Oldenburg, German Empire Genealogy
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Guide to Oldenburg, German Empire ancestry, family history, and genealogy before 1945: birth records, marriage records, death records, both church and civil registration, compiled family history, and finding aids.
Historical Background[edit | edit source]
The Grand Duchy of Oldenburg (German: Großherzogtum Oldenburg) (also known as Holstein-Oldenburg) was a grand duchy within the German Confederation, North German Confederation and German Empire which consisted of three widely separated territories: Oldenburg, Eutin and Birkenfeld.
As a result of the Greater Hamburg Act of 1937, Eutin passed from the Free State of Oldenburg to the Prussian Province of Schleswig-Holstein.
After the Second World War, Birkenfeld belonged to the French zone of occupation, and since 1946, it has been a district seat in Rhineland-Palatinate.
Today, the Oldenburg region is in the state of Lower Saxony (Niedersachsen); the Eutin region is in the state Schleswig-Holstein; and Birkenfeld is in the state of Rhineland-Palatinate (Rheinland-Pfalz). Wikipedia
Getting Started[edit | edit source]
Getting Started with Germany Research
Links to articles on getting started with German research:
Germany Research Tools
Links to tools and websites that assist in German research:
Historical Geography[edit | edit source]
Notice the three different areas, separated from each other.
Notice the three different areas, separated from each other: Oldenburg, Eutin, and Birkenfeld.
1937: Eutin area became part of Schleswig-Holstein. Birkenfeld became part of Prussian district of Birkenfeld 1946: Oldenburg area merged into Lower Saxony. Eutin is in the state of Schleswig-Holstein; Birkenfeld is in the state of Rhineland-Palatinate (Rheinland-Pfalz). (Map)
Finding Birth, Marriage, and Death Records for Oldenburg[edit | edit source]
Most of the information you need to identify you ancestors and their families will be found in two major record groups: civil registration and church records. To locate these records, follow the instructions in these Wiki articles.
1. Find the name of your ancestor's town in family history records.[edit | edit source]
Records were kept on the local level. You must know the town where your ancestor lived. If your ancestor was a United States Immigrant, use the information in the Wiki article Germany Finding Town of Origin to find evidence of the name of the town where your ancestors lived in Germany. Also, see:
- Emigrants from the Grand Duchy of Oldenburg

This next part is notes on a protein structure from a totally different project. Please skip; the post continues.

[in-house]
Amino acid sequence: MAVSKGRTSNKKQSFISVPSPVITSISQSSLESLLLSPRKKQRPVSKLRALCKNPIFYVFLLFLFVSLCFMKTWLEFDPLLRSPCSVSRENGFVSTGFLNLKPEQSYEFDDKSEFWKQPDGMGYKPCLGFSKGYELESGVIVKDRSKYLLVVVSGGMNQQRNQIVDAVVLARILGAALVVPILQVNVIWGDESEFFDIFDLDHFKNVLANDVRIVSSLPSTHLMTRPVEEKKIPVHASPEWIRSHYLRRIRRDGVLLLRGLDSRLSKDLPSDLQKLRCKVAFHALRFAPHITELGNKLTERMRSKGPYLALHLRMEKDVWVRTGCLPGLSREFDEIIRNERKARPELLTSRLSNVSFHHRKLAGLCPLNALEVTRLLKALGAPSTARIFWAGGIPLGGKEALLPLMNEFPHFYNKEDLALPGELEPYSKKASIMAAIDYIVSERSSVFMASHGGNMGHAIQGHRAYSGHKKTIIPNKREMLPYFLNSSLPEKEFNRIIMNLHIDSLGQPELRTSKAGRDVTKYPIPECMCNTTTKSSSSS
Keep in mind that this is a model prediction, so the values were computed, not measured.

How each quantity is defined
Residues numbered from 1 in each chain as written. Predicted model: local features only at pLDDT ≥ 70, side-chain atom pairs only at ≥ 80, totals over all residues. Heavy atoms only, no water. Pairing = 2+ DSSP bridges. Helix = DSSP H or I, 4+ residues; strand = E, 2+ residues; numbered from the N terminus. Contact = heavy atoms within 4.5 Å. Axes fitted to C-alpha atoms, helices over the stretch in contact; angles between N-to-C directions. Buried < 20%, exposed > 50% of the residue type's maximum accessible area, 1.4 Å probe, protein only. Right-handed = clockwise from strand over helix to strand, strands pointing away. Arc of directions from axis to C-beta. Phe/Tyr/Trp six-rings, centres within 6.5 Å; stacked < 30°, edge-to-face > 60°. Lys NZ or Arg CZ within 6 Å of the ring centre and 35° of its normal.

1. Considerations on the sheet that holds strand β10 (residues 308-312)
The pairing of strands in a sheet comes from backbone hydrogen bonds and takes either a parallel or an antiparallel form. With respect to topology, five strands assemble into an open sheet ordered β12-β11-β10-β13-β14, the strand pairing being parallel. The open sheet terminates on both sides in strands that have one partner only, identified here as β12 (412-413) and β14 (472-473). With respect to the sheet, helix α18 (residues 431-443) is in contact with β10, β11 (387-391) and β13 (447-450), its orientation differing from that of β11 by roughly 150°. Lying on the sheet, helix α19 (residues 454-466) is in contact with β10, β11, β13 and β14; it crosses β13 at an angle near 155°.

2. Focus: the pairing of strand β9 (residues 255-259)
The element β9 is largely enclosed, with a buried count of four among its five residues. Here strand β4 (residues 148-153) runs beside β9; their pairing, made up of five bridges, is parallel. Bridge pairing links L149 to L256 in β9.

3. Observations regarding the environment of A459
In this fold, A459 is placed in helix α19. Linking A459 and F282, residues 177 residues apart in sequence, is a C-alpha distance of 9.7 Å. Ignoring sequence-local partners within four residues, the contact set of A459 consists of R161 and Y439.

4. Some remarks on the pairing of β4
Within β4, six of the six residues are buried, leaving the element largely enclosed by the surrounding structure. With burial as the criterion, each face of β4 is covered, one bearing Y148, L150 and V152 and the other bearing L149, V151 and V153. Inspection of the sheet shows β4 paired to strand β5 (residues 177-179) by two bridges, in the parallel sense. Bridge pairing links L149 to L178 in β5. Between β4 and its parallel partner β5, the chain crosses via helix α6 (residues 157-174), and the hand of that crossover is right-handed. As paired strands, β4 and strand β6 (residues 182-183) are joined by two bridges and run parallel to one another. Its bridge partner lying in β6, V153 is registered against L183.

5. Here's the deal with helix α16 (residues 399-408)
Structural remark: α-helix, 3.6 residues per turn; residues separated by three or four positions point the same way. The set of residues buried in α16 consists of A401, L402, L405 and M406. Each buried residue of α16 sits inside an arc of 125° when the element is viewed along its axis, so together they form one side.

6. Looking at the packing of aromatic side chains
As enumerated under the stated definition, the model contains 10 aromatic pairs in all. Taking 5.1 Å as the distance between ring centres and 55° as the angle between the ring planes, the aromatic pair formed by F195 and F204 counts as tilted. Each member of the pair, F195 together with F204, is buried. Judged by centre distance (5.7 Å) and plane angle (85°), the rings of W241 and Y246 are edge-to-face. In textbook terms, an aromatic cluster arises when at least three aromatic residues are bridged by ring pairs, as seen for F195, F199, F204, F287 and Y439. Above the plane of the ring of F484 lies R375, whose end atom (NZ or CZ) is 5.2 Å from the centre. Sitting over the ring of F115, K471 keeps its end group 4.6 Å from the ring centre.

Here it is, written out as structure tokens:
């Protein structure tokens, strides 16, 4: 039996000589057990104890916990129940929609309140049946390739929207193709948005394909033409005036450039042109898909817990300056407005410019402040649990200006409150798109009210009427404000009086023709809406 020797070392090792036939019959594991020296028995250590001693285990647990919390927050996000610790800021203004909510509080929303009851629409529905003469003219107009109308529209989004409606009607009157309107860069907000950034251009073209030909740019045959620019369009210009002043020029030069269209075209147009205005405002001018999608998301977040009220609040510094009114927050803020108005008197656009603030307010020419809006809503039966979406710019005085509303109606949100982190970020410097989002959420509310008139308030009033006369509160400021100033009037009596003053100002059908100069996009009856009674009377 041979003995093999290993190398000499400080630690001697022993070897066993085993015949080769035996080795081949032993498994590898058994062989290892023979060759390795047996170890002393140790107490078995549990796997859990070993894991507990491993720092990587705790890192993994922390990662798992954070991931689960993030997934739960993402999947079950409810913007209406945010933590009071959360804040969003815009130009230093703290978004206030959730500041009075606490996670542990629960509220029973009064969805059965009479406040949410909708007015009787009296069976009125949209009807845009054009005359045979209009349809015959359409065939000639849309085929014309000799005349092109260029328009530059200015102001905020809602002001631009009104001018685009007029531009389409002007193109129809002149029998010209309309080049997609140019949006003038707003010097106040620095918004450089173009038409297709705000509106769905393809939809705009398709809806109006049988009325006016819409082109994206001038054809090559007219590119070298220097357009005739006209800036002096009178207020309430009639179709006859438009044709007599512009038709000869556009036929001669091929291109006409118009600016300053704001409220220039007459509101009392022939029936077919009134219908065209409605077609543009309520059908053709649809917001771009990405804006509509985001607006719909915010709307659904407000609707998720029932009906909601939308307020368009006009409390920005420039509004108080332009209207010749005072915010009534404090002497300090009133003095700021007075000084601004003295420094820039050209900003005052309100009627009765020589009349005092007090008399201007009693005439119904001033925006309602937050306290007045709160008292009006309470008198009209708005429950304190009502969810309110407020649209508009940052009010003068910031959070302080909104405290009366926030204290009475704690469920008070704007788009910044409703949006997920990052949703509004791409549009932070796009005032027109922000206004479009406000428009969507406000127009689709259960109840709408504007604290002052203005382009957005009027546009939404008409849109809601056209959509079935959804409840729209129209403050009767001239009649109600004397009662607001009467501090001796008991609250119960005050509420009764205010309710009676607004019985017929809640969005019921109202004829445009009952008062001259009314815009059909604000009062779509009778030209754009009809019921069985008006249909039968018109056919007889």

- Niedersachsen Archives Search Page, enter "Auswanderer" and surname.
- Emigrant families from the old district Wildeshausen
- Emigrants from the former Amt Damme, Oldenburg (now Niedersachsen), Germany, mainly to the United States, 1830-1849.FamilySearch Digital Book
2. Use gazetteers and/or parish register inventories to learn more important details.[edit | edit source]
Your ancestor's town might have been too small to have its own parish church or civil registration office. Find the location of the Catholic or Lutheran (Evangelical) parish that served your ancestor's locality. Find the name of the civil registration office (Standesamt) that serves your ancestor's locality. Use the Wiki article Finding Aids For German Records for step-by-step instructions.
Germany was first unified as a nation in 1871. An important gazetteer, Meyers Orts- und Verkehrs-lexikon des deutschen Reichs, "Meyer's Gazetter" for short, details the place names of villages, towns, counties (kreise), and higher jurisdictions used at that time. In the Research Wiki, FamilySearch Catalog, and FamilySearch Historical Records, the records of Germany are organized using those place names.
You can also consult Oldenburg Parish Record Inventories to learn the Lutheran or Catholic parish that would have kept records for your town.
At the end of both World Wars, the boundaries of the states were changed dramatically, as areas of Germany were distributed among the Allied nations. Eventually, after re-unification in 1990, the states of Germany settled into what they are today. It is also necessary to understand Germany by this system, as it affects the locations of civil registration offices, archives, and mailing addresses used in correspondence searches.
3. For birth, marriage, and death records from 1799-1814, and then beginning again 1 January 1874, use civil registration.[edit | edit source]
Follow the instructions in Oldenburg, German Empire Civil Registration.
4. For baptism, marriage, and death records, use church records or parish registers.[edit | edit source]
Follow the instructions in Oldenburg, German Empire Church Records.
More Research Strategies and Tools[edit | edit source]
- Germany Online Classes and Tutorials
- Reading German Handwritten Records Practice exercises to build your skills and confidence.
- Old German Script Transcriber (alte deutsche Handschriften): See your family names in the script of the era. Type your name or other word into the font generator tool. Click on the 8 different fonts. Save the image to your computer and use it as you work with old Germanic records.
- Finding Aids for German Records
- Research Tips and Strategies
- Print these handouts for ready reference when reading German Handwriting:
- German Research, BYU Independent Study, no cost.